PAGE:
Carbon taxes and pricings are the ordinary stuff of economics, but you wouldn’t think so listening to Abbott’s awful hyperbole. And without fear of hyperbole myself, I suggest the Coalition is providing some of the most destructive and venal ‘input’ into public discussion yet seen.

        • Bernard J. says:



          Abbott, Hunt, and company keep on with the mantra that making Australians pay a carbon price will make “no difference” globally. Well, I am sure that my income taxes make “no difference” to the nation’s revenue, so I would like Abbott to remove my obligation to pay them.

          Really. After all, there’s a precedent for it – he’s going to remove the mining industry’s responsibility to pay tax on the profits they make from commonwealth/state-owned (= publically-owned) resources. If they can have a tax break, why can’t I?

          Now, I wonder what Abbott would say to my request that my income tax be scrapped?

      • zoot says:

        Bring on the double dissolution.

        • Bernard J. says:

          Zoot, you’ve reminded me of another point that I was going to make in my original post, and that is that according to Abbott he is going to have a compliant senate after July, in which case he hardly needs to worry about getting Labor’s cooperation. So why the urgency?

          And as you mention, there is always the option of a double dissolution if the senate doesn’t play nicely with him. Why is he not showing the DD bravado that he exhibited prior to the election?

          The answer is simple – he’s afraid that he will have his arse served to him on a platter.

        • Chris O'Neill says:

          “Why is he not showing the DD bravado that he exhibited prior to the election?”

          There is also the issue that instead of having 4 Palmer/Motoring Enthusiast Senators to deal with after the joint sitting, he will most likely have to deal with 8 or more of them.

        • john byatt says:

          The PUP senators on any vote about mining or carbon tax would be obliged to disclose their conflict of interest and abstain.

          Palmer still owes 6 million due carbon tax, so would probably benefit by that much per annum if tax is quashed.

          Abbott however needs every vote from PUP to pass the legislation.

          As long as Shorten keeps the troops in line , the tax will remain ( unless PUP senators reveal that they are corrupt to the whole nation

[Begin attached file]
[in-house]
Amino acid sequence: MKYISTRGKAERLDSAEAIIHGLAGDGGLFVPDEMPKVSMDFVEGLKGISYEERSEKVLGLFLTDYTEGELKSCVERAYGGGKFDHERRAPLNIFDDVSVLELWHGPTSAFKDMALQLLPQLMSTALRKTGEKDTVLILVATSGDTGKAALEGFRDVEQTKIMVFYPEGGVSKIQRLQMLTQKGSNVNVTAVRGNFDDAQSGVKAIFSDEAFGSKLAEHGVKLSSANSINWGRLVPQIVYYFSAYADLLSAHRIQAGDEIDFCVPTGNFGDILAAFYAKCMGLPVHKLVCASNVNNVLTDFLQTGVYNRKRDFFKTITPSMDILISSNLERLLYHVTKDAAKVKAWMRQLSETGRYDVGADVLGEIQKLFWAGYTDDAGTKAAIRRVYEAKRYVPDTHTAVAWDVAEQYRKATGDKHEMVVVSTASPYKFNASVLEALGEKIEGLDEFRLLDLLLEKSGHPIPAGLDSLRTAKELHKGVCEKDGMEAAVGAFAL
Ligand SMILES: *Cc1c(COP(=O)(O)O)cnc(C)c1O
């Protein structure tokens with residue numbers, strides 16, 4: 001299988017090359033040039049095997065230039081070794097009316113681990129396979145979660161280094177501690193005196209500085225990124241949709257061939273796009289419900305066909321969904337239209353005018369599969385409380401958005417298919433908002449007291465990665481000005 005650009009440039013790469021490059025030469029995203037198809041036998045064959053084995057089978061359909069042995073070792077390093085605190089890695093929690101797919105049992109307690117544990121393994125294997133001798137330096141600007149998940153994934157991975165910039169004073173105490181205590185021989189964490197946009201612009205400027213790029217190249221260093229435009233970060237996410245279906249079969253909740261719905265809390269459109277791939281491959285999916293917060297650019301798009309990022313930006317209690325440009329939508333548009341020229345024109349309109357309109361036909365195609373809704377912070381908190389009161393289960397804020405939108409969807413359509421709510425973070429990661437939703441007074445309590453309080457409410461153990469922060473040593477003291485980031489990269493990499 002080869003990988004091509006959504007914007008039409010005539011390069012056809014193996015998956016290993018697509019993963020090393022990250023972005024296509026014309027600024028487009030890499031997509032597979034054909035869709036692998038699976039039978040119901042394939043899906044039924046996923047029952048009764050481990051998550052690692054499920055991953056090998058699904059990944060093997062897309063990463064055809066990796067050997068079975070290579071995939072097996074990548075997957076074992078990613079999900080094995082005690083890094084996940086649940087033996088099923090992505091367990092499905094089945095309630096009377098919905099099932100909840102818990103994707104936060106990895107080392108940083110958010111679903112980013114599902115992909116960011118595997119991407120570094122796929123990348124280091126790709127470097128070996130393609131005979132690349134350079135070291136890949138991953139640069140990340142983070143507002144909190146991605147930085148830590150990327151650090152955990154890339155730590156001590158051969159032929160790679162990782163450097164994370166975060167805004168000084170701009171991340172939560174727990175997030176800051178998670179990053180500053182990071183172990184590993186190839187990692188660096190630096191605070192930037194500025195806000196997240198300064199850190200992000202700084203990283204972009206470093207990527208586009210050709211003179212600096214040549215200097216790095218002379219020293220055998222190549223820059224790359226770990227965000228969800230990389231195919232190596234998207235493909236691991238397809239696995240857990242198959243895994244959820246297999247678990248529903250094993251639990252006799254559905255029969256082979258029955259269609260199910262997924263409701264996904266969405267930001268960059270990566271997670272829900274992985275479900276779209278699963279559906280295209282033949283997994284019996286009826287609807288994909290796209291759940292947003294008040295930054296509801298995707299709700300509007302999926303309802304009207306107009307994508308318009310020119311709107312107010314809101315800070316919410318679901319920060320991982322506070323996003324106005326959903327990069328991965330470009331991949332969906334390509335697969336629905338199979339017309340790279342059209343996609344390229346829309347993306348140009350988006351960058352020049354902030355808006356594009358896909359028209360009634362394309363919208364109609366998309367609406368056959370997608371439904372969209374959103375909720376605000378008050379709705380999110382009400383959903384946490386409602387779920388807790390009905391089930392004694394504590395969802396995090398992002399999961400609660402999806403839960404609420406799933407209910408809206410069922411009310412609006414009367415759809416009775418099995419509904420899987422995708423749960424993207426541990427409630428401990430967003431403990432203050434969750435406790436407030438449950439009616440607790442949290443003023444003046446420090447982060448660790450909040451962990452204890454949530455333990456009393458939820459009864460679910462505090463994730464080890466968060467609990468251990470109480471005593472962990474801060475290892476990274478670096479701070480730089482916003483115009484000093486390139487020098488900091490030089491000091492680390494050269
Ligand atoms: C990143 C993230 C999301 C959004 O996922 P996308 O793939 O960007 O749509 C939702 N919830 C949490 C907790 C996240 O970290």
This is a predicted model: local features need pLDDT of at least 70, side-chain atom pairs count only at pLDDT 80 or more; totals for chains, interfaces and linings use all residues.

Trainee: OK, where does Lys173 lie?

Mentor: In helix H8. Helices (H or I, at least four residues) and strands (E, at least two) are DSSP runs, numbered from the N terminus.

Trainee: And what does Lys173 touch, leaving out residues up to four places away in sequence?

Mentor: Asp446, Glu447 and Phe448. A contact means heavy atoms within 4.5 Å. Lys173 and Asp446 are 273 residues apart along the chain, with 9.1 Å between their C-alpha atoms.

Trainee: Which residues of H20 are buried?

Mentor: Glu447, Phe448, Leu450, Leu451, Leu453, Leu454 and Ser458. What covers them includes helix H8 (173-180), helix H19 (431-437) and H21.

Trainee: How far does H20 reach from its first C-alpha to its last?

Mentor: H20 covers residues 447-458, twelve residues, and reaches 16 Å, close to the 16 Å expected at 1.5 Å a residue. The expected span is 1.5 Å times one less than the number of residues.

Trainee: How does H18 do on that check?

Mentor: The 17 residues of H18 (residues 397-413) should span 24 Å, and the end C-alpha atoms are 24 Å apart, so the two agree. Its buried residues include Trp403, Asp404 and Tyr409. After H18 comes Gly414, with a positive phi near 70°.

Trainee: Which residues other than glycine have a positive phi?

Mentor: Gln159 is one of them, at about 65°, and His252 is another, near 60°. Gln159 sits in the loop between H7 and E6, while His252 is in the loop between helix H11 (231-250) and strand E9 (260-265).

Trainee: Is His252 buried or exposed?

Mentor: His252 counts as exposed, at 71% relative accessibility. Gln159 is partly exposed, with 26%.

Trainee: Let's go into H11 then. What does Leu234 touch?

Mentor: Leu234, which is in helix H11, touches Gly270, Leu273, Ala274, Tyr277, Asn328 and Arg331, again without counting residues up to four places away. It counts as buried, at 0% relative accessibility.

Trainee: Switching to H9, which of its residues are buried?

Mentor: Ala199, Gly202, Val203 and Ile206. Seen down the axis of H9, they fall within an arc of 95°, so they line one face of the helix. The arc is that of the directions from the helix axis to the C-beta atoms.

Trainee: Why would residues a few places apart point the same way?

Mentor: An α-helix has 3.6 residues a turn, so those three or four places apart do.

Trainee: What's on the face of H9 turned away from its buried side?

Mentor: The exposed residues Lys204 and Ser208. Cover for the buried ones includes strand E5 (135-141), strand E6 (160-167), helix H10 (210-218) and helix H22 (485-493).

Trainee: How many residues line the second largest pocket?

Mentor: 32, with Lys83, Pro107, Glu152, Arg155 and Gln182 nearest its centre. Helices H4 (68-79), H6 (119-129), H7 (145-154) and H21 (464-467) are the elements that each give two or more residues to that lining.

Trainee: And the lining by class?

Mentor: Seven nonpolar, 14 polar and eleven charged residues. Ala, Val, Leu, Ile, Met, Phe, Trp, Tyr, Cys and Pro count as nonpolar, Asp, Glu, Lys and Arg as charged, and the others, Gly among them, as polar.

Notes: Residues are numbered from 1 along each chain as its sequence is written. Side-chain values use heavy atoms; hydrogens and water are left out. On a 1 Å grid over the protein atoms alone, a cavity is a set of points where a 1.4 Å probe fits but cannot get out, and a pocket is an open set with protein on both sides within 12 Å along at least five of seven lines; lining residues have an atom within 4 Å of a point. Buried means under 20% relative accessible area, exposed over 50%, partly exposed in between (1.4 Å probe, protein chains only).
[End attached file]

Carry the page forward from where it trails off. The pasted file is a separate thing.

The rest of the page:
• john byatt says:

          lets say that labor does hold the line and reject legislation

          PUP do declare conflict of interest and abstain

          DD trigger would not occur until October 2014

          Abbott would be obliged to call DD straight away no matter what polls were saying or look like he was running scared.

          no wonder he is trying to link the carbon price with socialism, of course it is idiotic but News ltd will be pushing the same line.

          of course if labor folds in the senate he will get his way but the labor vote will bleed to the greens in a big way,

        • J Giddeon says:

          I think Abbott is pretty comfortable with where the CO2 tax situation is. I’d suspect that he hopes Shorten holds the line all the way through to 30 june. There are two benefits for the Libs. One, they continue to gather the tax to help the budget bottom line while Electricity Bill gets the blame and (2) he can go to the next election with good evidence that the ALP will want to reintroduce the tax.

          In the meantime he’ll push to see if he can get it through this senate because, if the ALP caves it will cause divisions for years to come. Its win/win for Abbott all round.

          As to the new Senate, he doesn’t need PUP so long as they don’t vote against the repeal. If they abstain then the number required to pass will go from 39 to 37. that means Abbott will need four indi votes and he’s almost certain to get the DLP LDP, Family First and Motor vote. Xenophon would also be on side.

          If, on the other hand, he can’t get it through then its unlikely a DD could happen before 2015. As I understand it, any triggers he gets in the current senate will not count once the new senate is sworn in so he’d have to start again. If he gets the first rejection in say late July 2014, he then has to wait three months minimum to get the second, so late Sept. Any delays (eg send it off to a senate inquiry) would push it back to Oct/Nov and that means a Dec election at the earliest. But in reality Dec elections aren’t favoured, or Jan/Feb so we are back to Mar 2015. Plenty of time to save the world.

        • john byatt says: